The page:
Prescription Opioid Education Toolkit for Consumer Education
Consumer and Physician Education Materials
All across the United States, abuse of prescription opioid drugs continues to cause devastating consequences to individuals, their families and communities. Addiction, overdoses, suicides, crimes of theft, are but a few of the harmful and potentially lethal problems that can result from opioid abuse. The following resources are available to help educate and guide community members, physicians, people who suffer from addiction and those that care for them, about the dangers of opioid addiction.
Community Presentation - UPDATED (4/17/17)
Attorney General Programs and Initiatives - UPDATED (6/15/17)
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The Center for Disease Control has created a video titled Change the Conversation About Opioid Use Disorders. The information discusses the connection between the chemistry of the brain and opioid addiction.
The Oklahoma State Board of Pharmacy prevention video titled Road to Nowhere, designed for younger people, focuses on the dangers of taking drugs not prescribed to the user.
The Oregon Pain Guidance Group has created multiple videos from physicians and former addicts to help educate about chronic pain and overcoming the stigma of addiction.
The National Safety Council has created a Prescription Drug Community Action Kit that contains videos for dentists, doctors which are focused on a coordinated response to stop drug use.
Foundation For A Drug-Free World’s The Truth About Prescription Drug Abuse addresses the dangers of taking prescription drugs for non-medicinal purposes, including addiction and other adverse reactions.
The makers of Naloxone, an injectable drug used to reverse opiate overdoses, have created training videos about the administration of the drug and overdose education generally. In addition, many local law enforcement agencies have created videos for their officers in the local communities for their protocols and procedures.
Substance Abuse and Mental Health Services Administration published a toolkit addressing opioid overdoses, including facts for community members, essential steps for first responders, information for prescribers, safety advice for patients and family members and recovery from opioid overdose. They have also designed another toolkit to assist prevention practitioners to work within their communities.
The Ohio Governor’s Cabinet Opiate Action Team created the Health Resource Toolkit for Addressing Opioid Abuse which includes materials for preventing overdose deaths, promoting responsible prescribing and community case studies and much more.
The Foundation for a Drug-Free World developed an information toolkit for teachers and educators titled Truth About Drugs which addresses many issues pertaining to young adults and substance abuse.
The National Safety Council created a Prescription Drug Employer Kit. This tool can be used by employers to address workers’ compensation, employee opioid use.
Community Ant-Drug Coalitions of America’s (CADCA) online toolkit is comprised of strategic plans, facts and other tools designed to prevent and reduce medicinal drug abuse by teenagers.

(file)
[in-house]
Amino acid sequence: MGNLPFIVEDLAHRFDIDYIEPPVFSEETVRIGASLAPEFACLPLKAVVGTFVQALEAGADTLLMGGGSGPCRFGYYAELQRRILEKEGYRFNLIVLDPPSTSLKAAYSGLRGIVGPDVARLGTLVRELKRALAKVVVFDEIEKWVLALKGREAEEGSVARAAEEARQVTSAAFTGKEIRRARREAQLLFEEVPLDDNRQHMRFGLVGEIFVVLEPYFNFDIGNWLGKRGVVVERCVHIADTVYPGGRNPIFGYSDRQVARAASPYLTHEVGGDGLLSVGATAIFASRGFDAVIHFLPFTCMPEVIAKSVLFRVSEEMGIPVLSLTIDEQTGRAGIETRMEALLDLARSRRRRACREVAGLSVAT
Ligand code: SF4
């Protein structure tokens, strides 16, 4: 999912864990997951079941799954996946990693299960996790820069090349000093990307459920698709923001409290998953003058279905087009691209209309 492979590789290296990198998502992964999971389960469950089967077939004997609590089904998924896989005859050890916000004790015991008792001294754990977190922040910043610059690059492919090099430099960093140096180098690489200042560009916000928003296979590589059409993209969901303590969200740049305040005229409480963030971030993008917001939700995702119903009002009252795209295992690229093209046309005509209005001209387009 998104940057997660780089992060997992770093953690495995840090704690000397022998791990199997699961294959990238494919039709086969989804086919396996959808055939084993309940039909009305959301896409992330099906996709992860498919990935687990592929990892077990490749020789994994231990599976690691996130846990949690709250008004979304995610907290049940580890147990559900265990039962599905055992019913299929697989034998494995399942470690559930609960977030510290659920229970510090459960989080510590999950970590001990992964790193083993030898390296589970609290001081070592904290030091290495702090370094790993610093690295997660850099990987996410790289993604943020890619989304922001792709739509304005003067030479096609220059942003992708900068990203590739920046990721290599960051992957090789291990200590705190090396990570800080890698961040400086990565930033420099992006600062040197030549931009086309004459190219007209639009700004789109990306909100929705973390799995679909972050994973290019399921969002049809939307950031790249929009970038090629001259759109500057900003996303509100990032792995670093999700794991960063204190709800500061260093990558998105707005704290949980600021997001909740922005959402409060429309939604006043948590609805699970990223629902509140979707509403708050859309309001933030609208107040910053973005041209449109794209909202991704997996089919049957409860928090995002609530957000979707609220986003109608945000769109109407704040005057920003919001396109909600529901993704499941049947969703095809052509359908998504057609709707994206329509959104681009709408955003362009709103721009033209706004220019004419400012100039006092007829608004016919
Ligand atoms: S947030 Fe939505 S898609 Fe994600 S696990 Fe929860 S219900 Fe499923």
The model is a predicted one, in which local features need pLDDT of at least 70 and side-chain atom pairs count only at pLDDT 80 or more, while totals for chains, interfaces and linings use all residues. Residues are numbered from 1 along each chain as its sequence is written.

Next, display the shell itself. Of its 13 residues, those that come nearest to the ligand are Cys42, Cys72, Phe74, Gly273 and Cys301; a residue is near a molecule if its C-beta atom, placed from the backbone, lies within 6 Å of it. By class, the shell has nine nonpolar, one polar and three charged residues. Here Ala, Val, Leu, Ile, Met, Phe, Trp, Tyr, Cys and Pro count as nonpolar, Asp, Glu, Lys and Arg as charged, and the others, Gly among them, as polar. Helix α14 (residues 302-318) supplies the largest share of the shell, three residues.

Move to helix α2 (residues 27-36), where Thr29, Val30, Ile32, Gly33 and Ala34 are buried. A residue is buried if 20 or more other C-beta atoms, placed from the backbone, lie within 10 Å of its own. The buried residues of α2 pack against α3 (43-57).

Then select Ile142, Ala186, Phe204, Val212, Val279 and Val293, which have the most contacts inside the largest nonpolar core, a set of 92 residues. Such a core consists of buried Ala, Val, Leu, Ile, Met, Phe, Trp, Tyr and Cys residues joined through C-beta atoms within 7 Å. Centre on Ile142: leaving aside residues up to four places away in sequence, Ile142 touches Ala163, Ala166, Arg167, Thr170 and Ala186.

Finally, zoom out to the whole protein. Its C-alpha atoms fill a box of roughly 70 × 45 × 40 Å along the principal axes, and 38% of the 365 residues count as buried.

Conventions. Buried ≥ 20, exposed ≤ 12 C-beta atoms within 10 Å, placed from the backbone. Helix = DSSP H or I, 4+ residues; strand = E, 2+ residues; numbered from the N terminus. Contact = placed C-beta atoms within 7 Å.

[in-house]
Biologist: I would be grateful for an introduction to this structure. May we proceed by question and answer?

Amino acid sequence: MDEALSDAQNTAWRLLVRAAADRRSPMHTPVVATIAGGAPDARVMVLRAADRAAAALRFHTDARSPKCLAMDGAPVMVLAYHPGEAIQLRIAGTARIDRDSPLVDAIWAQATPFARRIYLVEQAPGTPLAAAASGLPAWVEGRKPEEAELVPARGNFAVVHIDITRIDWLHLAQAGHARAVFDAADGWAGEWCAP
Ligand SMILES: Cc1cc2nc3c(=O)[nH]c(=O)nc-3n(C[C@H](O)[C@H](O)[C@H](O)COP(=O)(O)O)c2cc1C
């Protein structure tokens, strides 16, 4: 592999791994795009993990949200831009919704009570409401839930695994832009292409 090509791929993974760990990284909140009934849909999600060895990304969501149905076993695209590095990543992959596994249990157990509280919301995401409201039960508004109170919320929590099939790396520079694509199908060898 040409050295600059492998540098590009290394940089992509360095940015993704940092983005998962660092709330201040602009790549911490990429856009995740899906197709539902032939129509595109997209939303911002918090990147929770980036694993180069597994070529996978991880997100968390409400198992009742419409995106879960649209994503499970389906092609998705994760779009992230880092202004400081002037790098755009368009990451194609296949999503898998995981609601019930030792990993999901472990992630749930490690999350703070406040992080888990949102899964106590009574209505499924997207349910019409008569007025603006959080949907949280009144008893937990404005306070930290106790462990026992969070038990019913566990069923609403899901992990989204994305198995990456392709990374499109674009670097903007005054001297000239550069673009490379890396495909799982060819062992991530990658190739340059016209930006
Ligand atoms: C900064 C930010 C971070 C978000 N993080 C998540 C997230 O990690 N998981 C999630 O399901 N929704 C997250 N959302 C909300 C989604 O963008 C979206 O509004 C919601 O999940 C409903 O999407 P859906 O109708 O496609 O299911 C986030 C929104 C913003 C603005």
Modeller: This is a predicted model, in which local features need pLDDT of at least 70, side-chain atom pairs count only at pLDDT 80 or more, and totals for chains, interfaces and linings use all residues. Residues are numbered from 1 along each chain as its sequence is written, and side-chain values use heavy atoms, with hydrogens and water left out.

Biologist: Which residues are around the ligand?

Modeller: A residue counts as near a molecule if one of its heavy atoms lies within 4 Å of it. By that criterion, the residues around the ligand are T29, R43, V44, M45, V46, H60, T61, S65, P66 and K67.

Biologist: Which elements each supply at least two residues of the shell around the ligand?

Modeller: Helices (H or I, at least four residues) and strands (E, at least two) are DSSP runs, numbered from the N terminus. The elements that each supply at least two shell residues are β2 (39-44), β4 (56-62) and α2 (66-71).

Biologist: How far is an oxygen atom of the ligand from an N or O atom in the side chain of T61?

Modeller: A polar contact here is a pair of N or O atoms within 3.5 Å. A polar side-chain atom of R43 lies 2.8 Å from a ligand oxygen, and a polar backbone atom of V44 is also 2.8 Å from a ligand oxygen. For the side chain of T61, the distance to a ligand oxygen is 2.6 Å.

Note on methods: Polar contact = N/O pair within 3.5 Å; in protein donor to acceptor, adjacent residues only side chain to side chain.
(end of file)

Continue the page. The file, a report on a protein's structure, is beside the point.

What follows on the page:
Many state Department of Health offices have also prepared toolkits for use by physicians, patients and parents.
The United States Department of Labor’s Occupational Safety & Health Administration (OSHA) has joined with numerous other workplace organizations to form create a Drug Free Workplace Alliance. They are working together to provide information, training and guidance to create drug-free workplaces and to protect employees’ health and safety.
The National Safety Council has published informational materials pertaining to the impact of opioid use on employers and employees in the workplace, including healthcare costs, safety and productivity.
Additional Resource Sites
The American Medical Association has informational resources for physicians and patients about trends pertaining to prescription drug use, addiction, overdose, and tips on how to talk to children when drug use is suspected.
The Office of National Drug Control Policy website contains information on the National Drug Control Strategy and how numerous organizations across the nation are implementing trainings, educational programs and research projects to combat prescription drug abuse and heroin use. There is also information about prevention efforts on the local, state, tribal and federal levels.
National Institute on Drug Abuse has materials available to assist medical and health professionals, education professionals, parents, teens and children in the field of drug abuse and addiction.
Partnership for a Drug Free Kids includes resources to help reduce substance abuse among adolescents.
Substance Abuse and Mental Health Services Administration (SAMHSA) is a branch of the U.S. Department of Health and Human Services. Its mission is to “reduce the impact of substance abuse and mental illness on America’s communities. Numerous resources pertaining to opioid use, addiction and prevention are included oat this site.
The American Pharmacists Association has created an Opioid Use, Abuse and Misuse Resource Center on the website which contains clinical and patient resources to assist in decision-making and communication between physicians and patients about opioid use.
The Child Welfare Information Gateway organization has numerous materials which address parental substance abuse and prevention for families affected by substance abuse. It provides information about the relationship between parental substance abuse and maltreatment and child welfare involvement.